Q. Do we need more research and innovation in agriculture?
Ans: Yes, it is very important. As early in 1925, National Agriculture Commission said that without research, we will be building castles which will collapse. As we have seen in green revolution, anticipated research is important to get desired things. Particularly with climate change -more droughts, more floods, higher temperature, you need anticipated research and participatory research with farmers. Scientific labs or Krishi Vigyan Kendras must work together with farmers. Research and scientific knowhow should be translated to field level.
Q. What is the current agriculture scenario in India?
Ans: The current scenario is mixed bag. We have made progress, there are some good institutions. But in relation to the importance of agriculture in our economy and in light of the importance of agriculture to feed our large population, investment is not enough. There is the need of more investment in research, much more in extension of technology and infrastructure. There is mismatch between production and post harvest technology. So we have to put more investment.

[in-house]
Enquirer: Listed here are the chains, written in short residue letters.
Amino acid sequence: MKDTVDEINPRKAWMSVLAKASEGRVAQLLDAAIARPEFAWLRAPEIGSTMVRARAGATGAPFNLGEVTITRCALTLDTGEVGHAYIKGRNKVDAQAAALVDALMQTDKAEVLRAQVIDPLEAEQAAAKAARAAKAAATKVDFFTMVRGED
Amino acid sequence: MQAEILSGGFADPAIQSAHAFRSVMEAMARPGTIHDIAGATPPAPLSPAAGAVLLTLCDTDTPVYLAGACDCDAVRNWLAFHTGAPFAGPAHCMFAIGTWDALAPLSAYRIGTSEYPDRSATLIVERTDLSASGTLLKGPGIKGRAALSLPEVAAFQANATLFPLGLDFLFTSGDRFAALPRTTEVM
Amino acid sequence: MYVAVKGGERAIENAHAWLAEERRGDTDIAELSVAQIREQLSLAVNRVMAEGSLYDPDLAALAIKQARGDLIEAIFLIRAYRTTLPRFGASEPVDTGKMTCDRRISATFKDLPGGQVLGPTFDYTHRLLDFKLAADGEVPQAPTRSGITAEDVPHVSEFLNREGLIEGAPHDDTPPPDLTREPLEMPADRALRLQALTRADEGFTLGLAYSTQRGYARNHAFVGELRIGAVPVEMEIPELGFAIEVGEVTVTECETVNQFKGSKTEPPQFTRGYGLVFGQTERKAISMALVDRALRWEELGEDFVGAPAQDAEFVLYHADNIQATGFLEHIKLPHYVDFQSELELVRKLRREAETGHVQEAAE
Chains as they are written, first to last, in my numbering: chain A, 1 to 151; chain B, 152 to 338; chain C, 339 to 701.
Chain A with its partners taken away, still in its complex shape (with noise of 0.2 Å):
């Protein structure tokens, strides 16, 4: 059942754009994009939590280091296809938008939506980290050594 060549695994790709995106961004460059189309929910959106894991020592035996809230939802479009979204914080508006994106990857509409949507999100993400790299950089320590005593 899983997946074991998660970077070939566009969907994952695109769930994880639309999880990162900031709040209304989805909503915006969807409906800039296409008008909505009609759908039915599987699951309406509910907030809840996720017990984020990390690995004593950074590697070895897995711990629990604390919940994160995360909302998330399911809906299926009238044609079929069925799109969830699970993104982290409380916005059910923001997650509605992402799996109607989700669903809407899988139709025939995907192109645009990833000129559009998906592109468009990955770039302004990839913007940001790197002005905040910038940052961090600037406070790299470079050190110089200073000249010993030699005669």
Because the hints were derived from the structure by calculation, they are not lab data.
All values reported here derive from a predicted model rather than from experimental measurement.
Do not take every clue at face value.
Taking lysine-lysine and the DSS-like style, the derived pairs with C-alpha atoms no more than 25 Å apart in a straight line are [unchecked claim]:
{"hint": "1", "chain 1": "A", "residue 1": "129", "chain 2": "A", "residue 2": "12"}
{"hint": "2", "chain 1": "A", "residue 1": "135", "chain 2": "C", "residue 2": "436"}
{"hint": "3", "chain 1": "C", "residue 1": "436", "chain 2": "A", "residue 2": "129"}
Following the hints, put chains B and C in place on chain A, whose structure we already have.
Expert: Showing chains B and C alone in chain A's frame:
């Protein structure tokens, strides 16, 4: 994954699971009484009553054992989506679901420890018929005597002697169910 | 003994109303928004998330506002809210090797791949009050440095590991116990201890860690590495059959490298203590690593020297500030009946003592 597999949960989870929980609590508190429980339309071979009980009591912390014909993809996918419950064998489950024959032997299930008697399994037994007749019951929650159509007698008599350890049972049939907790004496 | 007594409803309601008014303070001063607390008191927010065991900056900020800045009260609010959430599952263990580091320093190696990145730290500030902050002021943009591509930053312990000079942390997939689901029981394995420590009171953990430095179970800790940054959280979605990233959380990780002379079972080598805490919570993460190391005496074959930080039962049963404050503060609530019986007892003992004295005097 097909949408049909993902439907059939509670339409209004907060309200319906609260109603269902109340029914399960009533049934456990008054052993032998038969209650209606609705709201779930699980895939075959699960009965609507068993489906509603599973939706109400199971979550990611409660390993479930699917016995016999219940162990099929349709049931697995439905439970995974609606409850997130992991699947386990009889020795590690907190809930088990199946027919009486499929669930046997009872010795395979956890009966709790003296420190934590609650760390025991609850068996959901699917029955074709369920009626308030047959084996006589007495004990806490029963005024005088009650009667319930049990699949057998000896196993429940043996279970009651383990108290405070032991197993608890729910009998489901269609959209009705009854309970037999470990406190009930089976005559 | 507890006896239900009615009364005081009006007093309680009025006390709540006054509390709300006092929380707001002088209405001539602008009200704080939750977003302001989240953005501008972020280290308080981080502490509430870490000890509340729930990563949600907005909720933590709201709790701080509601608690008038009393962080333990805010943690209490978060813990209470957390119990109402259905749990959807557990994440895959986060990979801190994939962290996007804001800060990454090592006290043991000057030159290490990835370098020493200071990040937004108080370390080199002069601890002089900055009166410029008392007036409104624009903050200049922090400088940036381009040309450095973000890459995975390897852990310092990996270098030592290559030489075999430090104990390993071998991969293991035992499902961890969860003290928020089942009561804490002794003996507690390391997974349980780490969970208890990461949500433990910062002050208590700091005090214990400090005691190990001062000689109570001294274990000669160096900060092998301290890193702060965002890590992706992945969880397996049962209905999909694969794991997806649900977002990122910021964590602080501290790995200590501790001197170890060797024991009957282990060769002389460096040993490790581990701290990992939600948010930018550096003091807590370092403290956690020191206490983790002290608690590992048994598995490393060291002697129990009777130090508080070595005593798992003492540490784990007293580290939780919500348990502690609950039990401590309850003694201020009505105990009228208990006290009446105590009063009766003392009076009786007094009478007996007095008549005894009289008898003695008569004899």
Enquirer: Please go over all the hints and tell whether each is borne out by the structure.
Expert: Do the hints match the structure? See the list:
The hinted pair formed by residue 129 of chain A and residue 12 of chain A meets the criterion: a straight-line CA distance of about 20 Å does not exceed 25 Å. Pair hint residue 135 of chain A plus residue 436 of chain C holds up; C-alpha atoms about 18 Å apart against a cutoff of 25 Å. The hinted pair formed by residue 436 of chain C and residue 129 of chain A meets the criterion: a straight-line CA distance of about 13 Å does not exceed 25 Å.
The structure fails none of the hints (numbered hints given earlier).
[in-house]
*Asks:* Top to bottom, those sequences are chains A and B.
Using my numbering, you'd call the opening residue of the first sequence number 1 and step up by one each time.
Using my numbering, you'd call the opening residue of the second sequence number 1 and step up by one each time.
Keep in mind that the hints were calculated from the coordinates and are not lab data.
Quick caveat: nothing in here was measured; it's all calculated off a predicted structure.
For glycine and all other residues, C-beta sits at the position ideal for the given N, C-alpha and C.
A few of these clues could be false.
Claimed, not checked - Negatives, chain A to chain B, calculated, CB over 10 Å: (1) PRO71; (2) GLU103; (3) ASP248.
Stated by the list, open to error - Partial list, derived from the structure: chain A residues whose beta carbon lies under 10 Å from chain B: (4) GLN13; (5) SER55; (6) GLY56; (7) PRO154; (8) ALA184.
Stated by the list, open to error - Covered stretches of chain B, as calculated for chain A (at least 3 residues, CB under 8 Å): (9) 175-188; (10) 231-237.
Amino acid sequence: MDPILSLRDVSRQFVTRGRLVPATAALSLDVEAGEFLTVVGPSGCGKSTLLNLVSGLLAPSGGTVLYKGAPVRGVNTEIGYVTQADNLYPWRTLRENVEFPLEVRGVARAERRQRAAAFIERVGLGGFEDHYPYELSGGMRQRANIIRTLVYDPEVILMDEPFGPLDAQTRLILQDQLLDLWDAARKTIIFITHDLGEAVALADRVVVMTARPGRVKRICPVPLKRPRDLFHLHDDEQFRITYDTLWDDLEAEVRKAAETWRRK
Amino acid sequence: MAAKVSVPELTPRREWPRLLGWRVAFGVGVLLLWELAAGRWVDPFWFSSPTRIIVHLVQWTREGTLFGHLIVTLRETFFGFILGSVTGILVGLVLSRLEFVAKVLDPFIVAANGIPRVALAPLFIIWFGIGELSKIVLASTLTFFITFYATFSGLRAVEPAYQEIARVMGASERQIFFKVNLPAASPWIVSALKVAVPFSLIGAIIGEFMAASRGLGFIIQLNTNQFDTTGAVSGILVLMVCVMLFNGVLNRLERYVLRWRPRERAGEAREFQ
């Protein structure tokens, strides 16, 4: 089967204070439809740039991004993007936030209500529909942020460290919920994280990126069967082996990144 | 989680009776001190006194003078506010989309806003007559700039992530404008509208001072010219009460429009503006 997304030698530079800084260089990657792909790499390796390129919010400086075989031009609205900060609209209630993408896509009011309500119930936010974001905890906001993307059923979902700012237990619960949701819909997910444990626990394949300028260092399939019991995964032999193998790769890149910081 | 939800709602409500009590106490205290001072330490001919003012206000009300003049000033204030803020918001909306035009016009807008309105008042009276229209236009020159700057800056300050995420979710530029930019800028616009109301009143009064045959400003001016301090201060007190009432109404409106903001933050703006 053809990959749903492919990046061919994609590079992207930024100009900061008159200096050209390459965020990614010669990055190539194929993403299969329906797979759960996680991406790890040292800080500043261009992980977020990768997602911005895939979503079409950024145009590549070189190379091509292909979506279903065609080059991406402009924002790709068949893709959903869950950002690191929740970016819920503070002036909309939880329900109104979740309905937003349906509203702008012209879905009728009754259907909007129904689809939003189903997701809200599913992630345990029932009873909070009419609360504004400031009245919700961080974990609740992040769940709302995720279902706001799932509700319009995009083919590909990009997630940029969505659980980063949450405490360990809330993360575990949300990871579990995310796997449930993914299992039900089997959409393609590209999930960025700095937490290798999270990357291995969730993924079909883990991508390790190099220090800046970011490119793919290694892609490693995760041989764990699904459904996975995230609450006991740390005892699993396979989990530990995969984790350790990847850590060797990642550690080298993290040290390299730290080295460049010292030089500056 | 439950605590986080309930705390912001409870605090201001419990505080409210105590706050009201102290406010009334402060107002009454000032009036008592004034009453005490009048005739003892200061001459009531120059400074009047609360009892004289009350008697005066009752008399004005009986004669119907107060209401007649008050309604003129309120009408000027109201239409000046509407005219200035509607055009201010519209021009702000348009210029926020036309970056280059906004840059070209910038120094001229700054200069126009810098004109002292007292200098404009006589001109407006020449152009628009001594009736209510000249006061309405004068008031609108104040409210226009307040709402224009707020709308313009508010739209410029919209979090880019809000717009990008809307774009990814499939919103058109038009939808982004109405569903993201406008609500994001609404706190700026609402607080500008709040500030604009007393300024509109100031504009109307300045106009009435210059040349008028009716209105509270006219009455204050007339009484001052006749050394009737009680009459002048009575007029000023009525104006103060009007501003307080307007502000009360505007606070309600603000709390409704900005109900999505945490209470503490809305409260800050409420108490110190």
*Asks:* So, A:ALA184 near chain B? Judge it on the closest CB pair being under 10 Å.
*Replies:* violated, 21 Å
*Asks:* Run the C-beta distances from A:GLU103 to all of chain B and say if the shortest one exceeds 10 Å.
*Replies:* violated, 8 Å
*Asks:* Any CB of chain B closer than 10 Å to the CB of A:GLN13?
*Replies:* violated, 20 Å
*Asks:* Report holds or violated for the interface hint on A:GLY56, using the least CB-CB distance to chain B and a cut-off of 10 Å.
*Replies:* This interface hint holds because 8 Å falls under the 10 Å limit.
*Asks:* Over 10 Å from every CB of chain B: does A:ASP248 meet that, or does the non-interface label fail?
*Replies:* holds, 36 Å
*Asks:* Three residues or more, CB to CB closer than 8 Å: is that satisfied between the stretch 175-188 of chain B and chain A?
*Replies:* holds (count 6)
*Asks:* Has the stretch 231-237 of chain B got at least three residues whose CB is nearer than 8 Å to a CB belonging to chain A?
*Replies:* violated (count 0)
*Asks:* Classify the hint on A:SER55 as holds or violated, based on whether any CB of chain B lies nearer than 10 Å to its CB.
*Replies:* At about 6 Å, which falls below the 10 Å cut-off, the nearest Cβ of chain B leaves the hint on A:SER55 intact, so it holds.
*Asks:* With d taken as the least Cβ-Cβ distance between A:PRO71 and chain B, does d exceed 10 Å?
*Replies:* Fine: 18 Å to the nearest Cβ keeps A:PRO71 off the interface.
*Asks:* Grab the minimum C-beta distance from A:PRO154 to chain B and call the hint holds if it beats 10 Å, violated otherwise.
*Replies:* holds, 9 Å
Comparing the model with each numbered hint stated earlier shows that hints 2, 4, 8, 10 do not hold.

Q.What are the major Challenges before Indian agriculture?
Ans: There are many challenges. Attracting youth towards agriculture is the problem. The young people will join only when farming is both intellectually and economically attractive. We need more technological transformation of agriculture, new technologies whether it is bio technology or space technology or nano or information technology. Information technology is particularly important. Diversion of land for non-agriculture purposes is the major problem. Irrigation is already a problem in Punjab, Tamil Nadu and other states.
Q. What is your view on GM technology? Can we use Bio-technology for increasing productivity?